103. The Commission also made a concerted effort to identify the sites of mass graves.  Mass graves were identified at different locations all over the country.  The Commission has not developed an exhaustive inventory of all the mass graves since it didn't have the time or the resources to do so.  The Commission hopes that other efforts will assist in identifying the remaining mass graves in the country.9

104. For the purposes of reconciliation, the Commission sought the opinion of the communities on what should be done with the mass graves.  The outcome of these consultations include the following:

a. Bonthe District: Different suggestions were made for the commemoration of the sites.  All villages asked for the creation of "monuments" that serve the community.  In Tihun town, people expressed their desire for a park.  In Bauya village, the erection of a market building was proposed.  In Talia and Mattru, people requested a barray, a place where people can gather and discuss local issues.

b. Moyamba District: Recommendations made by the different communities include the building of a hospital (Magbenka), a community centre or barray (Yoyema, Mosongo, Mokanji, and Jaihun), a town hall (Kwellu), a monument (Moyolo), and a tomb/memorial (Mosenessie).

b. Kenema District: Many respondents were concerned over the preservation of c. mass gravesites and many felt that relocation was necessary due to the construction of houses in the vicinity of these sites.  Various communities also suggested symbolic reparations as a way to respect the dead.  The erection of monuments in remembrance of these sites was considered vital.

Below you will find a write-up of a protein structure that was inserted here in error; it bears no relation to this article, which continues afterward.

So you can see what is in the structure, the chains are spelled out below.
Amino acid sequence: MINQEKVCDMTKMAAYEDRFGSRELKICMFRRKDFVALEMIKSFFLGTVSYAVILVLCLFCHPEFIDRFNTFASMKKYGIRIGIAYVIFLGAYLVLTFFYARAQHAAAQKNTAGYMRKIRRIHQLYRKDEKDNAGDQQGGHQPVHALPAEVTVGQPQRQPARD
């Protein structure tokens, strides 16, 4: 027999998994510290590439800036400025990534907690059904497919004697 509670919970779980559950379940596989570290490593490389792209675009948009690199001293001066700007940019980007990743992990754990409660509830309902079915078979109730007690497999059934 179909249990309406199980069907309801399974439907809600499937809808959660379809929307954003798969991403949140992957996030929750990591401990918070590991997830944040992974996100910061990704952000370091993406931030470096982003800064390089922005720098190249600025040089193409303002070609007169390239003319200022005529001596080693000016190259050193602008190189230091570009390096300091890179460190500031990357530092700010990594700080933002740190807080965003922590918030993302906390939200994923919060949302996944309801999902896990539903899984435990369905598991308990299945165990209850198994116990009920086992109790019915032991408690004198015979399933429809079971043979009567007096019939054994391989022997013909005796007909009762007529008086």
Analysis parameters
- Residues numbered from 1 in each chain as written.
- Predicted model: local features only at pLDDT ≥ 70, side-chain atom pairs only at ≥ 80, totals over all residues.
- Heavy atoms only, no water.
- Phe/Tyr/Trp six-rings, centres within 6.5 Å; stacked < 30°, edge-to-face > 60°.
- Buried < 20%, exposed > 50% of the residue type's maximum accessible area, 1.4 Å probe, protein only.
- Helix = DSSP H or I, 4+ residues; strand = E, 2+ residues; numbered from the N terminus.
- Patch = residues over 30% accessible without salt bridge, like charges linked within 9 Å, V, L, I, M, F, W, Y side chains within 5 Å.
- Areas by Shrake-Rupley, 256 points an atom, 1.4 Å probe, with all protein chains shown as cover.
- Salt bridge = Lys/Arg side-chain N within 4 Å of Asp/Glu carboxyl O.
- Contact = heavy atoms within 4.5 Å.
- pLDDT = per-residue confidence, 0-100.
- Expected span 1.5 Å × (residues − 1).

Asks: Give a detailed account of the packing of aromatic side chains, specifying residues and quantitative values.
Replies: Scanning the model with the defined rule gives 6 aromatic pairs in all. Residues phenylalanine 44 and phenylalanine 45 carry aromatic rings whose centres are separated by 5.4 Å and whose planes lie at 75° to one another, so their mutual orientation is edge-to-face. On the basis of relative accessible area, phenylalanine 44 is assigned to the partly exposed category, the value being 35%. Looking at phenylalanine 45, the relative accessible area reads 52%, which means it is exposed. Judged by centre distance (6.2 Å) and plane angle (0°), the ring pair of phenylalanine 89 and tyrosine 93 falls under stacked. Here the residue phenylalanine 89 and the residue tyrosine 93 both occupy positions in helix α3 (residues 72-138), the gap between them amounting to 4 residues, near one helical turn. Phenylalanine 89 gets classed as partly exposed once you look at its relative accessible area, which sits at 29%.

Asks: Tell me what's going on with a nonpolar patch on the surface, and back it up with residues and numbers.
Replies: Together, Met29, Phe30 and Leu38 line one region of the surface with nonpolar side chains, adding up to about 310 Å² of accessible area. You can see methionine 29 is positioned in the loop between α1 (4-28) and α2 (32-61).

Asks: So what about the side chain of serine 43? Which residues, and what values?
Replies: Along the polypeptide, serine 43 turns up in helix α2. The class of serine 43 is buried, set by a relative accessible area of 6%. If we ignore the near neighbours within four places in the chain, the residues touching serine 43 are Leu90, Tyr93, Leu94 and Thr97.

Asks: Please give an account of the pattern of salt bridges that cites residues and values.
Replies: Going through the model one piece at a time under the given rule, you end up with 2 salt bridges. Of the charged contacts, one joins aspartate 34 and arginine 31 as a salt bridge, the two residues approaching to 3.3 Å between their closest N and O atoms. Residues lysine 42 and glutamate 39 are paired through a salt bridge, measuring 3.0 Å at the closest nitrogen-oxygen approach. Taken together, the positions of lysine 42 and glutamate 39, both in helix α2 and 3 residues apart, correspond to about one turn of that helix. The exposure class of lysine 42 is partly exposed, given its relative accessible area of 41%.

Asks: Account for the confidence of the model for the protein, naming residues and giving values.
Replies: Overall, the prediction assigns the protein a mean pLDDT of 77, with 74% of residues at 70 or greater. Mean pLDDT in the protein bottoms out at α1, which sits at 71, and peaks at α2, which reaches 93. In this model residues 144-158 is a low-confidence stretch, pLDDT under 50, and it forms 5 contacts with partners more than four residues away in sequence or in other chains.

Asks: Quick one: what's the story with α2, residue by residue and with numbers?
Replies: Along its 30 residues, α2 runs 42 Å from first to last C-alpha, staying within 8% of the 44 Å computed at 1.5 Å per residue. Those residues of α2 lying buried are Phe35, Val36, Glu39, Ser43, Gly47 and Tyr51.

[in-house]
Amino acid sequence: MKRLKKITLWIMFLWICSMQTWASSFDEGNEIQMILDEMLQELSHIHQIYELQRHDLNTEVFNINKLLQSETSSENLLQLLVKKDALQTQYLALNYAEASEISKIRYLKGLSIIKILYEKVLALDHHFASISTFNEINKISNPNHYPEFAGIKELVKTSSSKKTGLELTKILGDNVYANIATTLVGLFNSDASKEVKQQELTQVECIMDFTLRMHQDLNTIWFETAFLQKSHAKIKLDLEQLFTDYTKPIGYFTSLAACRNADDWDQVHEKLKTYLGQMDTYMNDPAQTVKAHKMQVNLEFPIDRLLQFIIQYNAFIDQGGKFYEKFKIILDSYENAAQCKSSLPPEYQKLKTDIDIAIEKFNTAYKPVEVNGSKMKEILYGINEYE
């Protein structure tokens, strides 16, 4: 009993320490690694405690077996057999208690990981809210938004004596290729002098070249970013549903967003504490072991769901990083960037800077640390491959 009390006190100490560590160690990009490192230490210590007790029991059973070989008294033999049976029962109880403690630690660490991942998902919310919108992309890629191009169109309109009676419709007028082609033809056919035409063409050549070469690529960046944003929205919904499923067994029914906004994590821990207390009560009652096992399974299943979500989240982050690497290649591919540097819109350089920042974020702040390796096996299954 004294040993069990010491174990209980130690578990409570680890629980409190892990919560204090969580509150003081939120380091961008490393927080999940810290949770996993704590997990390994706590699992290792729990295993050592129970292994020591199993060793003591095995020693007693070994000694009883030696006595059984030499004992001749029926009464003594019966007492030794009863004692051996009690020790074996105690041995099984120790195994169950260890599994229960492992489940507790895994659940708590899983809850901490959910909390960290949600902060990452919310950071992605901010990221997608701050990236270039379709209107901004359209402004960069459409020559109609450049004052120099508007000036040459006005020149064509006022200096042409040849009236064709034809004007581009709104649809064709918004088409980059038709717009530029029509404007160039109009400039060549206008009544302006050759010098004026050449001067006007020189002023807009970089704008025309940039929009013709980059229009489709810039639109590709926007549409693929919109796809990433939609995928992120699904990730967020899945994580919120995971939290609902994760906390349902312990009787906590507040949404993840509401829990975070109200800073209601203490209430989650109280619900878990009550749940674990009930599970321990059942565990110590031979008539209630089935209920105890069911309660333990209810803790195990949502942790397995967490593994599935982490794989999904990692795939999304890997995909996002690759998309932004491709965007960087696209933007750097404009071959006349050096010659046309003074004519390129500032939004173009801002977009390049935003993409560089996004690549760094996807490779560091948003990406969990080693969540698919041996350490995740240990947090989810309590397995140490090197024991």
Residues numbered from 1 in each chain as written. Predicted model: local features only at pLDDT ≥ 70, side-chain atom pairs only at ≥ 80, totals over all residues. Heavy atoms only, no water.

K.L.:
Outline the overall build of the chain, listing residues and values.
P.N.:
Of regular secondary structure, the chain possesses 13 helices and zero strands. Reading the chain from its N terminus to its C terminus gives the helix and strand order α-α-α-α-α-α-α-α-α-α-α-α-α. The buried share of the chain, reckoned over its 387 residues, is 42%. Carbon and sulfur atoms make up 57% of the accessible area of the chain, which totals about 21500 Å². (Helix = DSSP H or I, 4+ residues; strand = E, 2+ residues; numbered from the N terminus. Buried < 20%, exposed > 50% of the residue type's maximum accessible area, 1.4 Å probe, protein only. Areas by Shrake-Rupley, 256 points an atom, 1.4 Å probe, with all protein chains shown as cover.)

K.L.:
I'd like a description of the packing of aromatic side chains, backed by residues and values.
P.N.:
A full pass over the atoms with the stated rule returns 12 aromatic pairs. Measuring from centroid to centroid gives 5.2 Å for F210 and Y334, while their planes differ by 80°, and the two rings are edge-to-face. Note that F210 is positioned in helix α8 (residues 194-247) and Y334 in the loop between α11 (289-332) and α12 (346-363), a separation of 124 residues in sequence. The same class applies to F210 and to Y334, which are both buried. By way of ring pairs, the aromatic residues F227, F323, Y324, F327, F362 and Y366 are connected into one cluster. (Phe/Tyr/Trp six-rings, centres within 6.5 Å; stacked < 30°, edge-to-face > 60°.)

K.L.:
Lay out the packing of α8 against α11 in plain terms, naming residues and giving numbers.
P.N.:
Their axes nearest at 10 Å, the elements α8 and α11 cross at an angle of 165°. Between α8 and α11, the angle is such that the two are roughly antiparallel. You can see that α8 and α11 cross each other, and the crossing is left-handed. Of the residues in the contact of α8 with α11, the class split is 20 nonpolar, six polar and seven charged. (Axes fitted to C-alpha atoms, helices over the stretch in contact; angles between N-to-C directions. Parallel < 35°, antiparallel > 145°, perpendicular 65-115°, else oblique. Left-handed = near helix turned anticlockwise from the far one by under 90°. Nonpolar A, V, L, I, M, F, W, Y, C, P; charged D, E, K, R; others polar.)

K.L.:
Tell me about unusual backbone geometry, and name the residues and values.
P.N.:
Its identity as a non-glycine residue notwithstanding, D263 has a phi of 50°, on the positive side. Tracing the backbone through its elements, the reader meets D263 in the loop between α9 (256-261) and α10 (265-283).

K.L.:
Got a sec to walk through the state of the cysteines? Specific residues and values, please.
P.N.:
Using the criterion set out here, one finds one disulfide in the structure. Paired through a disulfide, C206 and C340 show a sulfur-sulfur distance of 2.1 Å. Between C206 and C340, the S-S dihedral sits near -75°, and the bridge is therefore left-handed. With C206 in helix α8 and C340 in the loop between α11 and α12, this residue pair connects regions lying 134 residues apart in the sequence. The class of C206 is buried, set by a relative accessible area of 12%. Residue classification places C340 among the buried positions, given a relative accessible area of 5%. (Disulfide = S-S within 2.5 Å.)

d. Kailahun District: As in the Kenema district, respondents requested symbolic reparations and the erection of monuments to honour the dead.

e. Koinadugu District: The different villages made recommendations as to how their friends and family can best be remembered.  The residents of Falaba requested the construction of a market place in remembrance of their relatives that were killed by the rebels.  The residents of Lengekoro recommended the construction of a barray.  In Koinadugu, people requested the construction of a school.  In Katombo 11, the respondents requested the construction of a store to keep their agricultural produce.

f. Bombali District: The community representatives recommended the construction of a monument.

g. Bo District: The communities suggested the erection of meetings in the form of shrines on the mass graves sites.  Tikonko requested a monument in the form of a tomb with a tablet containing the names of the victims.

h. Pujehun District: The communities suggested the erection of shrines on the mass gravesites.  Sahn Malen requested that a bridge be built before a shrine is erected because the site where mass graves are located is near a stream.